California lawmakers last week turned back a $29-million emergency aid package for the nearly bankrupt Richmond school district, forcing the Contra Costa County government and the state department of education to step in to keep the district afloat.
A party-line vote in the Assembly fell three votes short of the two-thirds majority needed to approve the bailout, edging the district to within weeks of bankruptcy, according to Joe Holsinger, deputy state superintendent for governmental policy.
Gov. Pete Wilson has refused to back any bailout that would not scrap the district’s collective-bargaining agreements if it cannot come up with an acceptable recovery plan by April 30. (See Education4Week, Feb. 20, 1991.)
The county advanced $4.4 million in projected property taxes and the state forwarded the district its $6-million aid allotment for March to ward off bankruptcy, said the district’s associate superintendent, Santiago Wood. The money, he said, should last until the end of the month.
The Assembly will try to pass an amended package this week, Mr. Holsinger said.
The Wyoming House last week approved a bill that restores funding for a proposed new trust fund for education, after the measure had its first-year appropriation gutted in committee.
The bill, backed by Gov. Mike Sullivan, set out to create an education trust fund from which half the interest would support “innovative programs,” early-childhood education, and administrator training in the public schools. The other half would fund specific college-level projects.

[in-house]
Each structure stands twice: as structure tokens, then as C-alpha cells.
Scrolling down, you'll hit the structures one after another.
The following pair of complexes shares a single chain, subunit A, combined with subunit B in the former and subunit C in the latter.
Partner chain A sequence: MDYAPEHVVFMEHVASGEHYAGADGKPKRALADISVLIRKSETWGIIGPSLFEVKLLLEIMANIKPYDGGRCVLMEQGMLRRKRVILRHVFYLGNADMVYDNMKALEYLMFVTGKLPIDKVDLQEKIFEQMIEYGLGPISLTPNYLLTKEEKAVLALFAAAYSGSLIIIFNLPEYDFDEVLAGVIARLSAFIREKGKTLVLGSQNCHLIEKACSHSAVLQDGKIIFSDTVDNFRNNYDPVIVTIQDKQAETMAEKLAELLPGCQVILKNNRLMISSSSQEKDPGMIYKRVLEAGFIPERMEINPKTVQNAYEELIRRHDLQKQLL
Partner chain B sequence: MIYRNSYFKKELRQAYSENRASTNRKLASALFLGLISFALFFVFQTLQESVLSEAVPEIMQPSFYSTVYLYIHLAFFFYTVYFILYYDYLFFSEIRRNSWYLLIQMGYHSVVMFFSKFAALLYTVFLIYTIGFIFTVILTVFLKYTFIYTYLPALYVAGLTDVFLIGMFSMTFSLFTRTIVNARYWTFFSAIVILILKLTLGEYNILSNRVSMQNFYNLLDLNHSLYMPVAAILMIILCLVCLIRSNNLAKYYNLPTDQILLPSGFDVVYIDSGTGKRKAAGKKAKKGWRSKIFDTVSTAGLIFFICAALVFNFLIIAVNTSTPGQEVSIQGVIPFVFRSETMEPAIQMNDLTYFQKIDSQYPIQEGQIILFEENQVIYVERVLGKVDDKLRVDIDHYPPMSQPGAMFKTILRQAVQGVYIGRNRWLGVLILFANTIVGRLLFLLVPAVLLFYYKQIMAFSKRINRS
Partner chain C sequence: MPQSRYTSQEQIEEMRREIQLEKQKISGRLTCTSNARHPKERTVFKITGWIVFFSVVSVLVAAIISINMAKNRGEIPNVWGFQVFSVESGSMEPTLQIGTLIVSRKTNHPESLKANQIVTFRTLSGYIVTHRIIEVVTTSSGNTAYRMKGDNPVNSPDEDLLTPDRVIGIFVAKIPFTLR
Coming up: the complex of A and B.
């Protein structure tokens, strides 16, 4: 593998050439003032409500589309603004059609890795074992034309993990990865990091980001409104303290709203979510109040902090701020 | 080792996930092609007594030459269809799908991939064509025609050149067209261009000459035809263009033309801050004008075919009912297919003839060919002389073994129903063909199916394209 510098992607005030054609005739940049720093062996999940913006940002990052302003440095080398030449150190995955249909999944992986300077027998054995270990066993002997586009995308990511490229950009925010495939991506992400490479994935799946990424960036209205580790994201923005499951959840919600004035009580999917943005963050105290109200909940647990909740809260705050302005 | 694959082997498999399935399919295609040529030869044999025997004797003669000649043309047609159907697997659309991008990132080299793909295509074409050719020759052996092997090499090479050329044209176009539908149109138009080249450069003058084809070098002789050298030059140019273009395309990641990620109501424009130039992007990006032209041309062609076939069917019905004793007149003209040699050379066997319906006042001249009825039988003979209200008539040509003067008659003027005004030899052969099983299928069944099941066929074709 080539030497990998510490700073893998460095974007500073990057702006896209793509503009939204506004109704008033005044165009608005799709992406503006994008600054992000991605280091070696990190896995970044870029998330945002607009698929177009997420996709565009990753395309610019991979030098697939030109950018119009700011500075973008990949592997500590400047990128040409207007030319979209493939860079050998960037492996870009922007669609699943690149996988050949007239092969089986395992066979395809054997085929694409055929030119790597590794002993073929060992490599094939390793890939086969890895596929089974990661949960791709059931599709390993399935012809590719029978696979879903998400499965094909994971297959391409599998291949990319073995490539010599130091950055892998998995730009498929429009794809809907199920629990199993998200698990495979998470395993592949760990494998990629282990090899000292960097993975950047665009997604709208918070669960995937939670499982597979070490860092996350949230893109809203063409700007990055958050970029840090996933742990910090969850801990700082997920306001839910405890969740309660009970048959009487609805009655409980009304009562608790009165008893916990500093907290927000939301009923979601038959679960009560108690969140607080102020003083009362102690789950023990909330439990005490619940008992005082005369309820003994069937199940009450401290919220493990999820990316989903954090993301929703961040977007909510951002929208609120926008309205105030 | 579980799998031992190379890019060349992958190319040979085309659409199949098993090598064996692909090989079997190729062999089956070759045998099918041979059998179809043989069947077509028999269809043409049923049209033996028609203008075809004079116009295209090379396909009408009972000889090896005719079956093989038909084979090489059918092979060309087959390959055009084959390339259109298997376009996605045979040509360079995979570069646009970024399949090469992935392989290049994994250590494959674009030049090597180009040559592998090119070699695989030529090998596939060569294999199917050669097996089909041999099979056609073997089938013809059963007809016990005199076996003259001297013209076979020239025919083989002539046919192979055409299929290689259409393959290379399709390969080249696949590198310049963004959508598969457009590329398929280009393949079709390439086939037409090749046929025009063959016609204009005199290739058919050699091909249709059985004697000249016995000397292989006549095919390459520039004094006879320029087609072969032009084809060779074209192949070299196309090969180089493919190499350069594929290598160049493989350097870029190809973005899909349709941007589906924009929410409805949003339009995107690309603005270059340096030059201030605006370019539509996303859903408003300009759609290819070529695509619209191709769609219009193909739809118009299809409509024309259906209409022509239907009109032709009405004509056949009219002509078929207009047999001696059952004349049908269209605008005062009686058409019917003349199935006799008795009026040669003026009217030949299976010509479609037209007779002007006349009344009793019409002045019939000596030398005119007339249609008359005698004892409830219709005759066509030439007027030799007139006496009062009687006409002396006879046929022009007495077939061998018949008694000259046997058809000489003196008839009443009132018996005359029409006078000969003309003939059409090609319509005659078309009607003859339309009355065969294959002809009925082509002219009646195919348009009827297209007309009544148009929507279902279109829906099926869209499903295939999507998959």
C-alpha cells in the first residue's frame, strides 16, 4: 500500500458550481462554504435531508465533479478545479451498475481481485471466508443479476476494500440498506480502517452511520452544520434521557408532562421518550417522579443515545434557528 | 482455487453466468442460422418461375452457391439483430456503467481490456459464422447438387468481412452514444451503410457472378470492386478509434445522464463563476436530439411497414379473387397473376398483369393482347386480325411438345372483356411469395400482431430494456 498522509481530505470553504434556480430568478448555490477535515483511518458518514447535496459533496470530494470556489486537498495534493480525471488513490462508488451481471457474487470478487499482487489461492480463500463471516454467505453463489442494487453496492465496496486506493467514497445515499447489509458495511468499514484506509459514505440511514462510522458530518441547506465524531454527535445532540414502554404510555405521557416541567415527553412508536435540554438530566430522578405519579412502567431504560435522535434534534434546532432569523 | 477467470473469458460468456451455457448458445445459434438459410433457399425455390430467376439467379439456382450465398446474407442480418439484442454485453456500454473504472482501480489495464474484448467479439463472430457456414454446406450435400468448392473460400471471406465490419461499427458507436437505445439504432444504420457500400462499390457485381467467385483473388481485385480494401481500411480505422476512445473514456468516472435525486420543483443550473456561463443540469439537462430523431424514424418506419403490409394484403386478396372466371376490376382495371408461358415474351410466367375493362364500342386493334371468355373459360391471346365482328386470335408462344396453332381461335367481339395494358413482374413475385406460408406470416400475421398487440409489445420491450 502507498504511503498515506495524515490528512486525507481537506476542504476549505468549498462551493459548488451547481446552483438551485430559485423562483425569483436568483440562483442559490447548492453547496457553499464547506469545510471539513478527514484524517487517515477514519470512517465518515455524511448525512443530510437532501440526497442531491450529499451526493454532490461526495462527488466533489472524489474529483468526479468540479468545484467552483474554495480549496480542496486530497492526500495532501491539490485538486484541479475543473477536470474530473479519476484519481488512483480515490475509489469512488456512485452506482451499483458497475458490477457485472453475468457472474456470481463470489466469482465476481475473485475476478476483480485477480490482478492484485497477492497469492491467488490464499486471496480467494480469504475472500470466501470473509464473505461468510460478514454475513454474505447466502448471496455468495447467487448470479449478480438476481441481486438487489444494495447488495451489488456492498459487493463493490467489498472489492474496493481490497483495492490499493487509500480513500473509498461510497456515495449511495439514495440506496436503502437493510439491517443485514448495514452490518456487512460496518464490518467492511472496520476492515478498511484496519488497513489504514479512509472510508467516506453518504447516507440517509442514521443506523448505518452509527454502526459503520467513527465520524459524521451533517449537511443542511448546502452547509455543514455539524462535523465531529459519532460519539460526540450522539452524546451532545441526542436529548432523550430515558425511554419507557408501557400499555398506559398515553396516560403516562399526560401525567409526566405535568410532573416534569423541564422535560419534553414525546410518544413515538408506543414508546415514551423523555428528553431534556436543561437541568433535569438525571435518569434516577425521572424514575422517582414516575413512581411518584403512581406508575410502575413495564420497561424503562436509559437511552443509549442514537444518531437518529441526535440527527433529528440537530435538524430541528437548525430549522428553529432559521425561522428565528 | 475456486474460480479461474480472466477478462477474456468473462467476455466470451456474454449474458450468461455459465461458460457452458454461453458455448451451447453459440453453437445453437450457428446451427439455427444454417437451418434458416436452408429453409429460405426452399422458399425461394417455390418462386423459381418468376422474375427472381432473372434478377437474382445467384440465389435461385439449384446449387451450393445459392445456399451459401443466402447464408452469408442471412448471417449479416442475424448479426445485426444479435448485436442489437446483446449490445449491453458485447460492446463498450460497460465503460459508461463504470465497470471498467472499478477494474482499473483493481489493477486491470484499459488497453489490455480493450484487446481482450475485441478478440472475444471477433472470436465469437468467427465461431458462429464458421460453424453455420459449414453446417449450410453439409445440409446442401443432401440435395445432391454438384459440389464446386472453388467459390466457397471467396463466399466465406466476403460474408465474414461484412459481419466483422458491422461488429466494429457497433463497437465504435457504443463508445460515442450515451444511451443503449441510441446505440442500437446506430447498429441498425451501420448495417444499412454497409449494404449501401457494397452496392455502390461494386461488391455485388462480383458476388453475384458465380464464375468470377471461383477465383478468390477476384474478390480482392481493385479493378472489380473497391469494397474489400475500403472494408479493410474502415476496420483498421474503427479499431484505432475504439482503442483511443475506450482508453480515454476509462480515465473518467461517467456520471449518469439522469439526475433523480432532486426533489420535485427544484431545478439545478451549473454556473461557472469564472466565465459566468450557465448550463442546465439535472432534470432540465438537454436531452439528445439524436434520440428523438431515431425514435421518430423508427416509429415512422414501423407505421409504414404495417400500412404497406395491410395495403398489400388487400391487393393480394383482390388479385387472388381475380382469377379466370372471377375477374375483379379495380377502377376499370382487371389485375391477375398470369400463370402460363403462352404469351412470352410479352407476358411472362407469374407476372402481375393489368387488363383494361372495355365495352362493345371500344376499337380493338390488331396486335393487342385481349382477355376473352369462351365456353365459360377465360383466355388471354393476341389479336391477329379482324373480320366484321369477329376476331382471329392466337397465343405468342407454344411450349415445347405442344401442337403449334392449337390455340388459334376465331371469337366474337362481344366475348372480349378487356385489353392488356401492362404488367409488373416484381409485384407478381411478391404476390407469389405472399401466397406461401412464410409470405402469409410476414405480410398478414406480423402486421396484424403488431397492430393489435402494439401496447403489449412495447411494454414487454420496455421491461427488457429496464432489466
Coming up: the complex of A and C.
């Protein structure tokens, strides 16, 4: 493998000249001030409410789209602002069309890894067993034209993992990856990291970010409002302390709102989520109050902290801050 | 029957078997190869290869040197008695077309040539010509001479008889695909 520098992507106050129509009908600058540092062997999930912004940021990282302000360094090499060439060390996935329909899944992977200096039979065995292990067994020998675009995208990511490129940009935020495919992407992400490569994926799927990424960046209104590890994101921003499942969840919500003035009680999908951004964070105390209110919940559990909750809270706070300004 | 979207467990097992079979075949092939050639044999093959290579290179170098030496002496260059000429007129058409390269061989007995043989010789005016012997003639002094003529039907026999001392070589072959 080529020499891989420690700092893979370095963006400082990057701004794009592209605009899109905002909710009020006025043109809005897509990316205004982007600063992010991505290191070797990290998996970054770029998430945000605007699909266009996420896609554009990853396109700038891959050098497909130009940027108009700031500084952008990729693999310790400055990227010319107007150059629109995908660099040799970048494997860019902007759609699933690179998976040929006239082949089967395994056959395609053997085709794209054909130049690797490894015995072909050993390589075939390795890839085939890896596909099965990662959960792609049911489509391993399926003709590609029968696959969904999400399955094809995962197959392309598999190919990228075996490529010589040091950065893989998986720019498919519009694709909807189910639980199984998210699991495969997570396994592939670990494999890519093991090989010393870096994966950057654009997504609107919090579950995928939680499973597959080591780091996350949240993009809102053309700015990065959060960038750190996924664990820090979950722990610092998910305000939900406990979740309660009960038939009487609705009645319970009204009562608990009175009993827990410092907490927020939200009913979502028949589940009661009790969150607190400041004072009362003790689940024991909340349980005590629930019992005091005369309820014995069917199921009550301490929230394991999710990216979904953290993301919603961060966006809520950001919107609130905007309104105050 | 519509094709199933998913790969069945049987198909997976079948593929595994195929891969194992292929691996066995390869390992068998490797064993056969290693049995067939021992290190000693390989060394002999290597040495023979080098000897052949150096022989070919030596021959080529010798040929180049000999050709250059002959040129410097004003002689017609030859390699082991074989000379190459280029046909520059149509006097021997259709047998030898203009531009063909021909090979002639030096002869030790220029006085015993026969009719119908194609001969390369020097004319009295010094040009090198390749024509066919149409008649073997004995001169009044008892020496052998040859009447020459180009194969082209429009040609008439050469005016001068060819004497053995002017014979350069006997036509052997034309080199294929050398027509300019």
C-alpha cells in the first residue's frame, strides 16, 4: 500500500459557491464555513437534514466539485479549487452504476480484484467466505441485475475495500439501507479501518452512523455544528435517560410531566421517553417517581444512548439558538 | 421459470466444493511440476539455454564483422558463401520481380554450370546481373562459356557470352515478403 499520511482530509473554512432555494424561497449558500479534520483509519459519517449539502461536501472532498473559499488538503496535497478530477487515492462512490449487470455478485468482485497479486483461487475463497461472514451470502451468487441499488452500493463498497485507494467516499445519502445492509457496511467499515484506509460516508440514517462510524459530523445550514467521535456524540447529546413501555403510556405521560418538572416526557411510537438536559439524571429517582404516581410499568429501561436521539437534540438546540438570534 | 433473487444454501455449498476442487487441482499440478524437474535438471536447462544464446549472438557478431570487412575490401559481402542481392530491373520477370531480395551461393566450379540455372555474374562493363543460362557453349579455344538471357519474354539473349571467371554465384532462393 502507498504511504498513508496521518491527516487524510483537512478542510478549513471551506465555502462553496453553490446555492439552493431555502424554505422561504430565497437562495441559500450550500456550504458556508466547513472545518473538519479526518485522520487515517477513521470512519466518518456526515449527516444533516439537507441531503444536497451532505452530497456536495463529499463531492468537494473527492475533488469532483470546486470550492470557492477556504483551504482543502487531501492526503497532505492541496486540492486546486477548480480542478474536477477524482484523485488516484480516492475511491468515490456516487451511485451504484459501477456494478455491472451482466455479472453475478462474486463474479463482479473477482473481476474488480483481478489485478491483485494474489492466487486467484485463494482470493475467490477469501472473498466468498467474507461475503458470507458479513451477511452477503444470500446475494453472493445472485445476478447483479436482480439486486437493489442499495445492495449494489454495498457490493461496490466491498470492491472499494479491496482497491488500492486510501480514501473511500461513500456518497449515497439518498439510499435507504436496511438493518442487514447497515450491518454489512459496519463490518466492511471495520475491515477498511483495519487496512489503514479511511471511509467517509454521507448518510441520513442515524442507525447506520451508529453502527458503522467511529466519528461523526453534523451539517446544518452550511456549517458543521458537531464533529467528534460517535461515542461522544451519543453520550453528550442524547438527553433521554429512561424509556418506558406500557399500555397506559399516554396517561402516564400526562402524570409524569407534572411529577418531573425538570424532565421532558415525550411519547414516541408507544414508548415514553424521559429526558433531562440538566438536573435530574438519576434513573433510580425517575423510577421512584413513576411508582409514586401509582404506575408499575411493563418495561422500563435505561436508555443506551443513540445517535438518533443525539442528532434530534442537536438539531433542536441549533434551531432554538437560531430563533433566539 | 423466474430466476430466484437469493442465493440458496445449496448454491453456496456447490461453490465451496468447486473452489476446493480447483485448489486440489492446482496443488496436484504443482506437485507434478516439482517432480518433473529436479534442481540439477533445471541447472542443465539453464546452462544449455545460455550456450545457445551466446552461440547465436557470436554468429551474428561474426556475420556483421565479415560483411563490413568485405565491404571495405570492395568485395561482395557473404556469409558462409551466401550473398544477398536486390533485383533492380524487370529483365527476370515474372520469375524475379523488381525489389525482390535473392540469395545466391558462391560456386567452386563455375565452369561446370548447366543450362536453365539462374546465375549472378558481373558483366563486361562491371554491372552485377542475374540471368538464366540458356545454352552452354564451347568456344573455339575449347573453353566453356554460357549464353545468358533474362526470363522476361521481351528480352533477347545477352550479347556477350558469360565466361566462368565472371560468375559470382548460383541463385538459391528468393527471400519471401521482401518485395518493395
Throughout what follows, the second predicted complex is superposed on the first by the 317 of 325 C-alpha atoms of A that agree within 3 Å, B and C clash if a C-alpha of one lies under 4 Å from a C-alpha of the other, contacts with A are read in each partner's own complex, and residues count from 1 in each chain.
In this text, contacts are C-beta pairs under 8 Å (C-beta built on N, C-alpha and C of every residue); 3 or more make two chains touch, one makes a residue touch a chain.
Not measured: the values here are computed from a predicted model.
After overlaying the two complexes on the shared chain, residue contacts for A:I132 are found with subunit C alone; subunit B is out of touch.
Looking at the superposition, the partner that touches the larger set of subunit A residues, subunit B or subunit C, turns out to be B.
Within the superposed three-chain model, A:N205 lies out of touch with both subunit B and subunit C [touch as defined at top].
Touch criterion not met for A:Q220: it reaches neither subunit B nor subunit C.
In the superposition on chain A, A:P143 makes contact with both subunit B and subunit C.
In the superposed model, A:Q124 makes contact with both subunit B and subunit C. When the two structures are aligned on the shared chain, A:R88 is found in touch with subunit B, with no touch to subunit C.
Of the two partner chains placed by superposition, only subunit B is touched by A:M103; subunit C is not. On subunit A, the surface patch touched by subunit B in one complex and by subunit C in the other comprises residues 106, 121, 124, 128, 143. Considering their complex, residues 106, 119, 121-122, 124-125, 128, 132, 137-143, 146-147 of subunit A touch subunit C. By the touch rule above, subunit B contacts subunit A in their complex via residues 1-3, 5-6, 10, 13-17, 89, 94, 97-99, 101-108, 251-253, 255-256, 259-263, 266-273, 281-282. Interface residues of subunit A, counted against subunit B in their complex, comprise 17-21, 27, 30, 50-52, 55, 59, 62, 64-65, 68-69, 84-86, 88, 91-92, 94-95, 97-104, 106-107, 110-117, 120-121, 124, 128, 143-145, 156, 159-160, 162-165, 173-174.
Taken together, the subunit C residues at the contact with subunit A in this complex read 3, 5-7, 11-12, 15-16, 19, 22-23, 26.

The House Appropriations Committee eliminated the original $12.5-million first-year appropriation for the fund, but $10 million of that was restored on the House floor.
Also changed on the floor was the means by which the balance of the bill’s five-year funding would be generated. Originally, revenues from the state’s oil and other mineral resources were to be used over three years to build the fund to $50 million.
Concerned about oil-price instability, however, House members decided to appropriate $10 million each year for five years from general revenues until the fund reaches $50 million.
J. Fife Symington 3rd, a Republican, was elected governor of Arizona last week.
Mr. Symington, 45, garnered 52 percent of the vote to beat his Democratic opponent, Terry Goddard.
Mr. Symington had finished ahead of Mr. Goddard in the November election, but failed to win a majority. As a result, state law forced last week’s run-off election.
A version of this article appeared in the March 06, 1991 edition of Education Week as News in Brief